The 10 Most Disturbing Creation Stories Across Mythologies

The 10 Most Disturbing Creation Stories Across Mythologies June 16, 2023

The Creation of the World
The Creation of the World Was Disgusting (Pixabay).

WARNING: The following stories are not for the faint-hearted. Quite the contrary, as this article refuses to play it safe. There are no magical fairy tales here. Our existence is not a result of God’s heavenly love or the beautiful union of angelic figures. Instead, we venture down darker paths into unnerving adventures featuring a cast of weirdo monsters, brutal death scenes, and an unhealthy obsession with bodily fluids.

Seriously, there are a lot of bodily fluids in this piece, so don’t read on if you’re not into that. 

For everyone else, get ready for ten unsettling answers to the oldest question in the universe: what the hell am I doing here??

1. We Are Growths From God’s Body Parts 

Odin kills Ymir by Lorenz Frølich
Odin kills Ymir by Lorenz Frølich (Public Domain)

The wild narratives where we are abnormal tissue spawning from a deity’s body are abundant across global traditions. For example, in India, a lotus flower sprouted from Vishnu’s naval, revealing Brahma, who split the flower into three: the heavens, the skies, and the Earth. Thanks, Brahma!

Over the ocean to Norway, a giant named Ymir sweated out the first male and female entities from his armpits. That makes sense! Curiously, a six-headed child was also produced from his legs, but let’s ignore that. Ymir’s story ends when Odin and his brothers murder him, using his flesh to mash together our planet while his skull was used to open the sky.

One cannot help but wonder how symbolic these stories are. Even the Biblical Genesis states that God creates man in His own image, and then He forms Eve using Adam’s rib. There’s surely a midpoint truth somewhere, right? 

2. A Careful Mixture of Spit, Tears, and Semen

Atum didn't think anyone was watching.
Atum didn’t think anyone was watching. (Creative Commons)

Tracing back along one branch of Egyptian mythology, and we find Atum creating himself as the OG Original God. His loneliness soon gets the better of him, and he comes up with a simple solution. First, he masturbates into his mouth. Then he swirls his semen with his saliva. And finally, once it’s nice and ready, he spits out a couple of celestial children.

They were Shu, the god of air, and Tefnut, the goddess of moisture. These two were eager to explore their new surroundings and ran away, leaving Atum behind, brokenhearted. Thankfully, Dad eventually found his offspring again, and he cried with joy as he held them in his arms. Those tears morphed into the first humans. 

3. Aliens Did It

Xenu according to South Park.
Xenu, according to South Park (Fair Use)

Extraterrestrial life is a permanent fixture of popular culture. The theory that aliens bred with monkeys to form humans is a common evolutionary debate and even has some Biblical sources. Ever read the Book of Enoch? It speaks of creatures called “Nephilim”, who fell to Earth to mate with our women. Sounds like a lot of effort just to get laid, but no judgement.

Regardless, L. Ron Hubbard built the entire religion of Scientology upon alien intervention. Reportedly, about 75 million years ago, the universe was direly overpopulated. To address this issue, the intergalactic ruler Xenu dropped billions of beings called Thetans into volcanoes on Earth. He then bombed the planet with nuclear weapons, just to be sure. As a result, these ancient traumatised Thetan ghosts continue to haunt us today, latching onto our souls as the root cause of all our emotional and physical problems. Thankfully, we can shake off these spiritual parasites by paying the Scientology organisation a ton of money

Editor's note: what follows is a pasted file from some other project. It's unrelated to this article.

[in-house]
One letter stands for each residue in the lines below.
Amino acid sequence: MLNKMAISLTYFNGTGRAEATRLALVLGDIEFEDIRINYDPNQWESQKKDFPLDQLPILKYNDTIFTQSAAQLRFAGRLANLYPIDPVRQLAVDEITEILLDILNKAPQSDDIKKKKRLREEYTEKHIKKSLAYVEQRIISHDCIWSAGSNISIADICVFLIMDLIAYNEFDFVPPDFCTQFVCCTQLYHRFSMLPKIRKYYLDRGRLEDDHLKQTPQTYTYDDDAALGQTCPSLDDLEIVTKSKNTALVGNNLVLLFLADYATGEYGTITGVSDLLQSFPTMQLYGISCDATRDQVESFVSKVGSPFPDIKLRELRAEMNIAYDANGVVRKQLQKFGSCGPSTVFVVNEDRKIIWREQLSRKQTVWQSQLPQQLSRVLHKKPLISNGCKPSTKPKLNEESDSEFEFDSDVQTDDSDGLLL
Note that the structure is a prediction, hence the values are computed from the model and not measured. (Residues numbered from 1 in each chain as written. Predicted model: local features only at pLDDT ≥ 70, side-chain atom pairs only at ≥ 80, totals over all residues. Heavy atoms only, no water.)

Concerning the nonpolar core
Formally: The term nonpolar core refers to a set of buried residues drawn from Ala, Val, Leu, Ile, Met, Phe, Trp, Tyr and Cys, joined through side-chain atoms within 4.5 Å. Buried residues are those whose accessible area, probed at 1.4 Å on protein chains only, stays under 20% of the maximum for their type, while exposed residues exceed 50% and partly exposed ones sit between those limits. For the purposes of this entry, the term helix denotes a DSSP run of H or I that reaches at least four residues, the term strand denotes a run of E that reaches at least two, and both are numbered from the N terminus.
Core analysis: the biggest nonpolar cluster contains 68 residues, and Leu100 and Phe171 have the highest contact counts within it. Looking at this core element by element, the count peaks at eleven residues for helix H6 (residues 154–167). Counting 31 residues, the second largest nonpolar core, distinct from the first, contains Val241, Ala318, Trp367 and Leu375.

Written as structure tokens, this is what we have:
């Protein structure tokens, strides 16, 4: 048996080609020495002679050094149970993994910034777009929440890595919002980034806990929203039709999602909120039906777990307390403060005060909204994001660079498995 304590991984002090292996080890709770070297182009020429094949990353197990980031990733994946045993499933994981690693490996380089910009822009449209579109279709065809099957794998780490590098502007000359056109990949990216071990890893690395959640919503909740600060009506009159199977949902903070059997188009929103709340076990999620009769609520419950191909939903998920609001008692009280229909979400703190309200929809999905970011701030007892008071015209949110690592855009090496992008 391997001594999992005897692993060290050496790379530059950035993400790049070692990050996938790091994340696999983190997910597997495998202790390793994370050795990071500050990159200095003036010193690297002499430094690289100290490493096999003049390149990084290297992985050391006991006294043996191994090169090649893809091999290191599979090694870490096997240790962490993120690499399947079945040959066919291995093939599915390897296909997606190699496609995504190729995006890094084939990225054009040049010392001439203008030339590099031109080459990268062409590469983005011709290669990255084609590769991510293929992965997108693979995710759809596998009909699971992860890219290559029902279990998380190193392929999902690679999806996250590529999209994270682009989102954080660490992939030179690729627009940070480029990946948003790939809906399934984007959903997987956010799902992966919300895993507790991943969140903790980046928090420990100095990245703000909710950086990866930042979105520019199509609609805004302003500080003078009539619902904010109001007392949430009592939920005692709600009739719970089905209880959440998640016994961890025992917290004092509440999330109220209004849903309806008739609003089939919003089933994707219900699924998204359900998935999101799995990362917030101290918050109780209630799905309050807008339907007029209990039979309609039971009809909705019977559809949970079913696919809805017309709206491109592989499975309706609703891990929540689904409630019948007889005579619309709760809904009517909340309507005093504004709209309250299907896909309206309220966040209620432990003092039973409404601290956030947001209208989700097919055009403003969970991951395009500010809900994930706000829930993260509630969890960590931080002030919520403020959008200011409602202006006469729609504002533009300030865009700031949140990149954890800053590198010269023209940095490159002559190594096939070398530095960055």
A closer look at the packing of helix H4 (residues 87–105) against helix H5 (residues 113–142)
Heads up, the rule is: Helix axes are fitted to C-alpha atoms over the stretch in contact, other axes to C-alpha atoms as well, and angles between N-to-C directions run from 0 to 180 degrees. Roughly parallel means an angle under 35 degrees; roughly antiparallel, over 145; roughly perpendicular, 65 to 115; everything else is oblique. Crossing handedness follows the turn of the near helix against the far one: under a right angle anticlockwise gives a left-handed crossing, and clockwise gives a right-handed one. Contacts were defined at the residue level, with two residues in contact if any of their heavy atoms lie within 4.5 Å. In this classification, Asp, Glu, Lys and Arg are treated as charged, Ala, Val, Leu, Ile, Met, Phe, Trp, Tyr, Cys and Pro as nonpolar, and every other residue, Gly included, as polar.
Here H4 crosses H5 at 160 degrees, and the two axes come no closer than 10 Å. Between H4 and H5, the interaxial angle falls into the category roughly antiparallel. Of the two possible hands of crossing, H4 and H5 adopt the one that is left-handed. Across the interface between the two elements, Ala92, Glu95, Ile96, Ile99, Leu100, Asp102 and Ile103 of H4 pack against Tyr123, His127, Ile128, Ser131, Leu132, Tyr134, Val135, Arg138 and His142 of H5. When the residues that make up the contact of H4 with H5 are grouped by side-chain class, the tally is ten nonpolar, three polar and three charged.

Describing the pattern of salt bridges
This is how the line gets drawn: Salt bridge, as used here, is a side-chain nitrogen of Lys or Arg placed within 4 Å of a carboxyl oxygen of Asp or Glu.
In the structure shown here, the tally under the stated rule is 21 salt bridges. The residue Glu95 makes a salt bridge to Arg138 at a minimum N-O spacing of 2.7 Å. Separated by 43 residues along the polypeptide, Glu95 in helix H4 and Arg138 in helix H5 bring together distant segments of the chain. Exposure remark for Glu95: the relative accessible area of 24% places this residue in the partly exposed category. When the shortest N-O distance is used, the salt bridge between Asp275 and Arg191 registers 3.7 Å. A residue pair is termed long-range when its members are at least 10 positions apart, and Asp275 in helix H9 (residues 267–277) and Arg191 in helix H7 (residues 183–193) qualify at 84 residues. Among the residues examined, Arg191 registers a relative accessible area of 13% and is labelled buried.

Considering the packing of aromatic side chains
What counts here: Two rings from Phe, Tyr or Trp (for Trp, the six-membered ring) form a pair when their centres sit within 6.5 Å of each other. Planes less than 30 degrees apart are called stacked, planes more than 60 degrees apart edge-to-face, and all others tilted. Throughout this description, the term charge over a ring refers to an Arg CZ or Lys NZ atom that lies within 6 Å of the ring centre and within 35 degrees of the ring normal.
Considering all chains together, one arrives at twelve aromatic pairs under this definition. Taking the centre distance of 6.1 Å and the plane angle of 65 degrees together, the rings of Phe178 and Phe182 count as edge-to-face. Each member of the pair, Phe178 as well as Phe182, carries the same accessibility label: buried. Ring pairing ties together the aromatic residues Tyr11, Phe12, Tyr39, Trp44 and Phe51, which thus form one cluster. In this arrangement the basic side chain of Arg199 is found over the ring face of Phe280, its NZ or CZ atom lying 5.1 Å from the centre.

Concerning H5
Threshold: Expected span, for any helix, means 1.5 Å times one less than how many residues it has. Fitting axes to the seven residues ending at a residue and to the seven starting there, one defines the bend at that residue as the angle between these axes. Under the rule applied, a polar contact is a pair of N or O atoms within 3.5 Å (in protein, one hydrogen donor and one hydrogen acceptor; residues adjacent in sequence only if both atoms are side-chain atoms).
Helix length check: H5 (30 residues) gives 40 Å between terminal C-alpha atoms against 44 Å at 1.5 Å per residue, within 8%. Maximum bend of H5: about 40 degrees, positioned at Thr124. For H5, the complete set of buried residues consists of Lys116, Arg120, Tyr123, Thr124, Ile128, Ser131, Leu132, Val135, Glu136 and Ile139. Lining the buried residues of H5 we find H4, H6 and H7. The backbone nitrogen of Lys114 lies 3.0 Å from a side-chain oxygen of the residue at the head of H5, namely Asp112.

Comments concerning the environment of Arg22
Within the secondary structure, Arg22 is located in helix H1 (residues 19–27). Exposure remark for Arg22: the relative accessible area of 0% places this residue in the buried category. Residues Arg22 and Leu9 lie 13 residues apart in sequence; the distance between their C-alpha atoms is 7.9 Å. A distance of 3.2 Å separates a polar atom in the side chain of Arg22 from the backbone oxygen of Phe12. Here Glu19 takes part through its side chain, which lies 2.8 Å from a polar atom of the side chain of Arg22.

4. The Sacred Vomit

Hail the mighty Mbombo, the god of the Congo River Bushongo people. He predates all of existence, happily floating through the dark empty waters of the Universe for an unknown amount of time. Unfortunately, an agonising stomach ache interrupted his good vibes, and he vomited up the sun, the moon, and the stars. Mbombo felt better, but his tummy still wasn’t quite right. He eventually spewed up nine animals (two leopards, an eagle, a crocodile, a fish, a tortoise, a heron, a scarab, and a goat) along with a bunch of humans. Hey, that’s us! Bushongo’s son, Nyonye Ngana, wanted to join in on the puke action too, so he hurled up white ants and died immediately afterwards. Amateur!

5. Cosmic Eggs Everywhere

It's my World Egg, you can't have it by Jacob Bryant (public domain)
It’s my World Egg; you can’t have it by Jacob Bryant (public domain)

How much imagination did our ancestors require to develop their Cosmic Egg theories? Not much. They saw a creature. It laid an egg. Life magically came out of it. Creation! Although, in fairness, the process is pretty miraculous. 

For that reason, we can find variations of the hatching story in almost every ancient culture we know of, including Hinduism, Greek, Vietnamese, Slavic, and Inca. In Finland, the egg dropped from a water bird. In China, an 18,000-year-old egg grew into the giant Pan Gu god, who broke the shell into two parts, one becoming the sky, the other, land.

The scariest is the Native American Spider Woman who spun the cosmos as a web and then plopped an egg in its centre. From there emerged the sun and the moon and the balance of nature, everything interconnected. Finally, Spider Woman made us, the humans; hence everyone you know is secretly a spider.